We would not discuss this matter were it not that our brother does himself and others an injustice in proclaiming the well settled belief of so many of his brethren a “wrong” and “bastard theory” and so forth; and quite unfaithful to the Word of God. This is not the case at all. Speaking for ourselves: before we learned “the truth” we were quite well convinced of the spherical figure of the earth from perfectly candid study of natural phenomena, and of navigation, which certainly “works” on the spherical basis. And we have found nothing in the Scriptures to unsettle this conviction in the least. Quite the contrary. In fact, the “enormous distances and magnitudes” which appear to be a stumbling block to our brother, are to us only the fitting suggestions of the Infinite and Eternal. And this is the impression of many of the brethren, as it was of the late Dr. Thomas and brother Roberts.
Admitted that “the globe‐earth theory” is of “pagan” origin, it is not therefore untrue. Much natural truth is of “pagan” discovery. We do not reject it on that account.
‘Moses’ testimony is not so “plain” that it cannot be misinterpreted or misunderstood. Moses’ testimony was given to Israel in what might be called the infancy of the world, when men did not know the extent of the earth, let alone that of the sun, moon, and stars. And, as we believe, it was given (by God through Moses), not so much to instruct Israel in cosmogony in detail, as to impress upon them the idea that The Most High God is the Possessor of Heaven and Earth (Gen. 14:22). And this against the claims of the gods of the nations, as was abundantly proved in Israel’s history.’ Without committing ourselves exactly to the figures named, we may say that what our brother calls an “unproved assumption” is with us a well-settled conviction, for reasons which may be found in any good work on astronomy... (Emphasis mine) [12]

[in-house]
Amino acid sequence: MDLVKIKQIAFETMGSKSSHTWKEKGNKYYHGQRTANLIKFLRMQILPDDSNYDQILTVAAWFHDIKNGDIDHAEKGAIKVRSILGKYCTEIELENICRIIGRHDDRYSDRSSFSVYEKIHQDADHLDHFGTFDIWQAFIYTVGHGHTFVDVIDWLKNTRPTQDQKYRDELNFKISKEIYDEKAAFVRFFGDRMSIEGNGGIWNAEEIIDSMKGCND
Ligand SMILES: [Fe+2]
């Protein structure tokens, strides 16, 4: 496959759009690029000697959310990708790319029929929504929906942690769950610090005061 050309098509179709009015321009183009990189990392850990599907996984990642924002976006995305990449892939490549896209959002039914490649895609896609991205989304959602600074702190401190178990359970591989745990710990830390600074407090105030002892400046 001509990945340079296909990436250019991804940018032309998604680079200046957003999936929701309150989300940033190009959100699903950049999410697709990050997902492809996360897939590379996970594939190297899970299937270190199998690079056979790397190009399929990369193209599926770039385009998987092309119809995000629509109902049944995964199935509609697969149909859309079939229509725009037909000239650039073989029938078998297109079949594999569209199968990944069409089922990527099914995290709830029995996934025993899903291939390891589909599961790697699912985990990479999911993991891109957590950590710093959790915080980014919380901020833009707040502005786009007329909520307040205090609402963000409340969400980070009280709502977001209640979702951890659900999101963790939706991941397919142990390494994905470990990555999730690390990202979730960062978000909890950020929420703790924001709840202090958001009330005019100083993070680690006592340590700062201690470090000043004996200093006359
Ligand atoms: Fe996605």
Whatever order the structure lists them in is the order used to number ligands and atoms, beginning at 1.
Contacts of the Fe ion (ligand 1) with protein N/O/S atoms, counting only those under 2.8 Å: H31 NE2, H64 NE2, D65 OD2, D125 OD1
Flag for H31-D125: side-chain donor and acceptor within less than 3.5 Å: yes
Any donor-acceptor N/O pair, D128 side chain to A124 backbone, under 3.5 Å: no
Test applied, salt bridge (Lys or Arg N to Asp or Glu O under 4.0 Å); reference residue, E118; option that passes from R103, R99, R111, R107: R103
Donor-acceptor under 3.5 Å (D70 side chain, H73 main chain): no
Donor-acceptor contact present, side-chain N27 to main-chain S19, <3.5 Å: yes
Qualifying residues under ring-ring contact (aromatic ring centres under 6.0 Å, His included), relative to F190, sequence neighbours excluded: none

Let me be clear. C.C. Walker and the other Christadelphian cited did not accept evolution, but that is not the reason for quoting them. Rather, it is to demonstrate that the fideistic apprach naively advocated some contemporary believers was alien to the first generation of believers who recognised that:

The natural world is equally a revelation of God, and if hard evidence from nature contradicts a human reading of the Bible, then that reading needs to be adjusted in the light of the revelation of the natural world.

Modern science can provide us with a reliable source of information about the natural world which can be used with profit

What some call the 'plain teaching of the Bible' is not as plain as they would claim, and can readily be misunderstood

Genesis was written not so much to teach ancient Israel about exactly how God made the world, but in order to remind them that it was Yahweh, and not the gods of the other nations who created the universe.
Since C. C. Walker wrote his reply, a century has passed, in which considerable changes in evolutionary biology have occurred. The fossil evidence has exploded, the modern synthetic theory of evolution has been forged and is the currently accepted theory of how evolution occurred, while the evidence from molecular biology and comparative genomics - sciences utterly unimaginable to C.C. Walker and others of his time have provided powerful evidence for common descent. Evolution denialism is no longer a rational, credible choice

When uninformed believers assert that 'evolution is wrong, even if  there is 100% scientific support for it', not only are they reinforcing the atheist stereotype of Christians checking in their brains each time they enter church, they are continuing to perpetuate an environment in which believers educated in the life and earth sciences who can see for themselves the solidity of the evidence for an ancient earth and common descent feel that they can no longer remain a member of their ecclesia, and accept the evidence of the natural world which shows the reality of evolution.